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All Categories > High Temperature Resistant Alloys > Inconel® Alloy 718 > Item # 718-BAR-2  

Item # 718-BAR-2, Inconel® Alloy 718

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Inconel® Alloy 718 (UNS N07718) Ni 52.5, Cr 19.0 Fe 18.5 Mo 3.0 Nb+Ta 3.6
Excellent strength from -423 °F to 1300 °F (-253 °C to 705 °C). Age hardenable and may be welded in fully aged condition, excellent oxidation resistance up to 1800 °F (980 °C).
Jet engines, pump bodies and parts, rocket motors and thrust reversers, nuclear fuel element spacers, hot extrusion tooling.

Gamma Prime strengthened alloy with excellent mechanical properties at elevated temperatures, as well as cryogenic temperatures. Suitable for temperatures up to around 1300 °F. Can be readily worked and age hardened.

Excellent strength from -423 °F to 1300 °F (-253 °C to 705 °C). Age hardenable and may be welded in fully aged condition, Excellent oxidation resistance up to 1800 °F (980 °C). Typically sold in the solution annealed temper, but can be ordered aged, cold worked, or cold worked & aged.





Specifications  · Physical  · Mechanical  · Nominal Chemistry  · General Resistance  · Machinability Ratings  · Machining Section  · Applications

Specifications

Type

Bar

Size

2.000

Alloy

718


Physical

Density

0.296 lb/in³

Specific Heat

0.104 Btu/lb ºF

Electrical Resistivity

Aged: 725 ohm/cir-mil-ft
Annealed: 753 ohm/cir-mil-ft

Curie Temperature

Aged: -170 ºF
Annealed: <-320 ºF

Melting Range

2300 - 2437 ºF

Thermal Expansion (x 10-6 in/in/Deg F)

7.1 (70 - 200 F)


Mechanical

Mechanical Type

Aged
Annealed

Tensile Strength

Aged: 180 ksi
Annealed: 125000 psi

Yield Strength

Aged: 150 ksi
Annealed: 60000 psi

Elongation

Aged: 12%
Annealed: 51%

Hardness

Annealed: Rc 36
Annealed: Equivalent
Aged: C36


Nominal Chemistry

Ni

52.5 min.

Fe

bal.

Cr

19

Co

1 max

Mo

3

Cu

0.30 max

Al

0.5

Mn

0.35 max

Si

0.35 max

Ti

0.9

C

0.05

Other

5 Cb + Ta


General Resistance

General Resistance

Corrosion
Temperature / Oxidation

UNS

N07718

Werkstof

2.4668

Sheet/Plate USA

Aged: AMS 5596
Aged: B670
Annealed: AMS 5596
Annealed: B670

Bar/Rod USA

Aged: B637
Aged: AMS 5663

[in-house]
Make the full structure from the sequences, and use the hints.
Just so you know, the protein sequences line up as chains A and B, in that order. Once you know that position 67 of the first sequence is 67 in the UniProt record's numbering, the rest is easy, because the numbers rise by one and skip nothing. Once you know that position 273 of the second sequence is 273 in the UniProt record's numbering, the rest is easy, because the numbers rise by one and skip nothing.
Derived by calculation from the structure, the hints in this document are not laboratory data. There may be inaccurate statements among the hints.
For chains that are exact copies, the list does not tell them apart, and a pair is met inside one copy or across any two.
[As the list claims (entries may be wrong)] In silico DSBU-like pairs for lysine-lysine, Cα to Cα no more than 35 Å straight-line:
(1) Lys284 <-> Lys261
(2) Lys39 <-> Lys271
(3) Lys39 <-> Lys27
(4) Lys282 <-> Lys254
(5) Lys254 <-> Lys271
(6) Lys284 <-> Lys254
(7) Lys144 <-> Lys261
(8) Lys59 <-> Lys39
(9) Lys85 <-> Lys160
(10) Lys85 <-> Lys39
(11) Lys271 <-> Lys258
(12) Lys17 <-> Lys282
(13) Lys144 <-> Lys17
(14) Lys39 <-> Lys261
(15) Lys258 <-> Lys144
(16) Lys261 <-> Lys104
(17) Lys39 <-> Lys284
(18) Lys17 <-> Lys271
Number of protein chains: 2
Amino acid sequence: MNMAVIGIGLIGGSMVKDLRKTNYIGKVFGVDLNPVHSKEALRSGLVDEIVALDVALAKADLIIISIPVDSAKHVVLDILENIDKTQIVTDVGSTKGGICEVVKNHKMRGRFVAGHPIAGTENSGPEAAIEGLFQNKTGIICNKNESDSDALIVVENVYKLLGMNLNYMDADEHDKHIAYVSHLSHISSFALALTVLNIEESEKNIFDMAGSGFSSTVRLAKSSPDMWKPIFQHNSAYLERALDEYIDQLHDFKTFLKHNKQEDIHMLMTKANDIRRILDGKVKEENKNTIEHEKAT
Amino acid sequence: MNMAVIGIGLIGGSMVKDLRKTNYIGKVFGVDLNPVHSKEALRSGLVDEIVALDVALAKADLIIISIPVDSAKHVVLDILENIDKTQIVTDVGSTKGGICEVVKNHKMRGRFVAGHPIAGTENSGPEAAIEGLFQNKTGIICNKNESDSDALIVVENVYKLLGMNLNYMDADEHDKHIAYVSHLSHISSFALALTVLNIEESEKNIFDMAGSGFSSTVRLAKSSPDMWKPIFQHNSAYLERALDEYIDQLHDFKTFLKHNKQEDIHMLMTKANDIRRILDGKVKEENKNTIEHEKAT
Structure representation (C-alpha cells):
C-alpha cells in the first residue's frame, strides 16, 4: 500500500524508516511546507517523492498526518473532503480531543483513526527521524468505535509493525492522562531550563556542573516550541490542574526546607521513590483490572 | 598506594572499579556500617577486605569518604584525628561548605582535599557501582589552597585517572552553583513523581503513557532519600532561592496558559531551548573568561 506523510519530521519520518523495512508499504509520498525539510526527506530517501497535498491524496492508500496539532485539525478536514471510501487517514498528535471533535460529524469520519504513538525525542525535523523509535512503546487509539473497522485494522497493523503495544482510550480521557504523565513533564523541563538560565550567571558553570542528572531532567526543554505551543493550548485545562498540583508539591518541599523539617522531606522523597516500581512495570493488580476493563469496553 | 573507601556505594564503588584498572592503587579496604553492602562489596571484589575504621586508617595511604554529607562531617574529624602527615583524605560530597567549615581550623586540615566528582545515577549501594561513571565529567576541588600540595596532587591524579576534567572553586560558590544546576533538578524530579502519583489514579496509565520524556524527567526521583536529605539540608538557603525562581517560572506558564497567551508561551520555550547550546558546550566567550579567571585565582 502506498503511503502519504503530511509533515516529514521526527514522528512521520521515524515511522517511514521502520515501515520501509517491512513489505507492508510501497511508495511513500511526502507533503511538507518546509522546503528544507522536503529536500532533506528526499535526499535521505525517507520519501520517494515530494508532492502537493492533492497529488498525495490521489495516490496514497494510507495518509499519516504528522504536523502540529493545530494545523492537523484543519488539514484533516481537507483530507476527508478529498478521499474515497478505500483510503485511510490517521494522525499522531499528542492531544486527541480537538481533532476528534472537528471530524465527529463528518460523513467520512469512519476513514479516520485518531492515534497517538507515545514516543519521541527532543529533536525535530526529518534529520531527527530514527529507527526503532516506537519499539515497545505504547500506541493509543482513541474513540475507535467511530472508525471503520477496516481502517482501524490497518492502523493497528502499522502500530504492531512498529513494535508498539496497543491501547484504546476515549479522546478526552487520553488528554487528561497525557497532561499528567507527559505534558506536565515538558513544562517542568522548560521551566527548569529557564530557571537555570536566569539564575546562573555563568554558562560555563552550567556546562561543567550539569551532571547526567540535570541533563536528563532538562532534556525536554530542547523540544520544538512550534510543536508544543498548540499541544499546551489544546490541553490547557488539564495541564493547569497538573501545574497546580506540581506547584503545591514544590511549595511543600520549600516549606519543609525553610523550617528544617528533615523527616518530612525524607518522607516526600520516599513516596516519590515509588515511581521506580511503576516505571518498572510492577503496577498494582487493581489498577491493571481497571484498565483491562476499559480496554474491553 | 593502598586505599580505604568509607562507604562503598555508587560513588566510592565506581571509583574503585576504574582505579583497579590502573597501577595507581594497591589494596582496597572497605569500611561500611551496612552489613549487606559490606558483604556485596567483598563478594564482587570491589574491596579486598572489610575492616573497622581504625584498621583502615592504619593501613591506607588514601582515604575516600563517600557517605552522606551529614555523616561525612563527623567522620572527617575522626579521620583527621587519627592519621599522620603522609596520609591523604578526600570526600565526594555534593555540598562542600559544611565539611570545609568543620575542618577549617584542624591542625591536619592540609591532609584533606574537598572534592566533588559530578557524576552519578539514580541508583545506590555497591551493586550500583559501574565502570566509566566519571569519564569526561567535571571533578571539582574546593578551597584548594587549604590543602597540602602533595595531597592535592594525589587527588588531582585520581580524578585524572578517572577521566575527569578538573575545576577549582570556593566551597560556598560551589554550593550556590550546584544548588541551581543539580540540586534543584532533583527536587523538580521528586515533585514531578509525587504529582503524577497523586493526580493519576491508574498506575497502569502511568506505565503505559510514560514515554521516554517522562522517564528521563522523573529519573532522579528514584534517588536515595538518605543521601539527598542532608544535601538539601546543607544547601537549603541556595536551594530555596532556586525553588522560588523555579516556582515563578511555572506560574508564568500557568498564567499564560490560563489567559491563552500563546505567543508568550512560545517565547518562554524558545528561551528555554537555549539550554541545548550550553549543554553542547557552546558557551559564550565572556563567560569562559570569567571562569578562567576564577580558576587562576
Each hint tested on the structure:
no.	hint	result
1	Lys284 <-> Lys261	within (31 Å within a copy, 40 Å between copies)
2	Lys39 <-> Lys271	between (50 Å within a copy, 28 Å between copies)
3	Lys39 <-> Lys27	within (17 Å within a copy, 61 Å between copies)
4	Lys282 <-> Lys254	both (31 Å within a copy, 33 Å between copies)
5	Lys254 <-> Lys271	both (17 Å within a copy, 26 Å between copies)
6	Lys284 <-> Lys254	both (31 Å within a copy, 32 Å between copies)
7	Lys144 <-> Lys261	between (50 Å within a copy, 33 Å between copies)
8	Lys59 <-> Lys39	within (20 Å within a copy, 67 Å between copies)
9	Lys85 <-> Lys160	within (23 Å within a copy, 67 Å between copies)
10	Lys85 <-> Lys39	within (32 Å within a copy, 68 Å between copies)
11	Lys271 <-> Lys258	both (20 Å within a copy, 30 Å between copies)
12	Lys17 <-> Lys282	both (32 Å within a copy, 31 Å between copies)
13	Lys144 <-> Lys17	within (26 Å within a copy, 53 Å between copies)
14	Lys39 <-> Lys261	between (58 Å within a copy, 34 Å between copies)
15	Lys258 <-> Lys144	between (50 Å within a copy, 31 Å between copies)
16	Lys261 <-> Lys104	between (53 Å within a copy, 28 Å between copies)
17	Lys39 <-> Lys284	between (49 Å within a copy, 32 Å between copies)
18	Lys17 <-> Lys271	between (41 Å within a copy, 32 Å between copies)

Aged: AMS 5664
Annealed: AMS 5662
Annealed: B637

Forging USA

Aged: B637
Aged: AMS 5663
Aged: AMS 5664
Aged: AMS 5832
Annealed: B637
Annealed: AMS 5662

Weld Wire

A5.14 ERNiFeCr-2


Machinability Ratings

Speed Surface

Aged: 40 ft/mm
Annealed: 20 ft/mm

Speed % of B1112

Aged: 24
Annealed: 12

Note

These machinability ratios must be recognized as approximate values. They are a reasonable guide to relative tool life and lower required for cutting. It is obvious, however, that variables of speed, cutting oil, feed and depth of cut will significantly affect these ratios.


Machining Section
The alloys described here work harden rapidly during machining and require more power to cut than do the plain carbon steels. The metal is ‘gummy,’ with chips that tend to be stringy and tough. Machine tools should be rigid and used to no more than 75% of their rated capacity. Both work piece and tool should be held rigidly; tool overhang should be minimized. Rigidity is particularly important when machining titanium, as titanium has a much lower modulus of elasticity than either steel or nickel alloys. Slender work pieces of titanium tend to deflect under tool pressures causing chatter, tool rubbing and tolerance problems.

Make sure that tools are always sharp. Change to sharpened tools at regular intervals rather than out of necessity. Titanium chips in particular tend to gall and weld to the tool cutting edges, speeding up tool wear and failure. Remember- cutting edges, particularly throw-away inserts, are expendable. Don't trade dollars in machine time for pennies in tool cost.

Feed rate should be high enough to ensure that the tool cutting edge is getting under the previous cut thus avoiding work-hardened zones. Slow speeds are generally required with heavy cuts. Sulfur chlorinated petroleum oil lubricants are suggested for all alloys but titanium. Such lubricants may be thinned with paraffin oil for finish cuts at higher speeds. The tool should not ride on the work piece as this will work harden the material and result in early tool dulling or breakage. Use an air jet directed on the tool when dry cutting, to significantly increase tool life.

Lubricants or cutting fluids for titanium should be carefully selected. Do not use fluids containing chlorine or other halogens (fluorine, bromine or iodine), in order to avoid risk of corrosion problems. The speeds are for single point turning operations using high speed steel tools. This information is provided as a guide to relative machinability, higher speeds are used with carbide tooling.



Applications
Uses for this alloy tend to be in the field of gas turbine components and cryogenic storage tanks. Jet engines, pump bodies and parts, rocket motors and thrust reversers, nuclear fuel element spacers, hot extrusion tooling. Other popular uses are high strength bolting, and down hole shafting.



 
   
 
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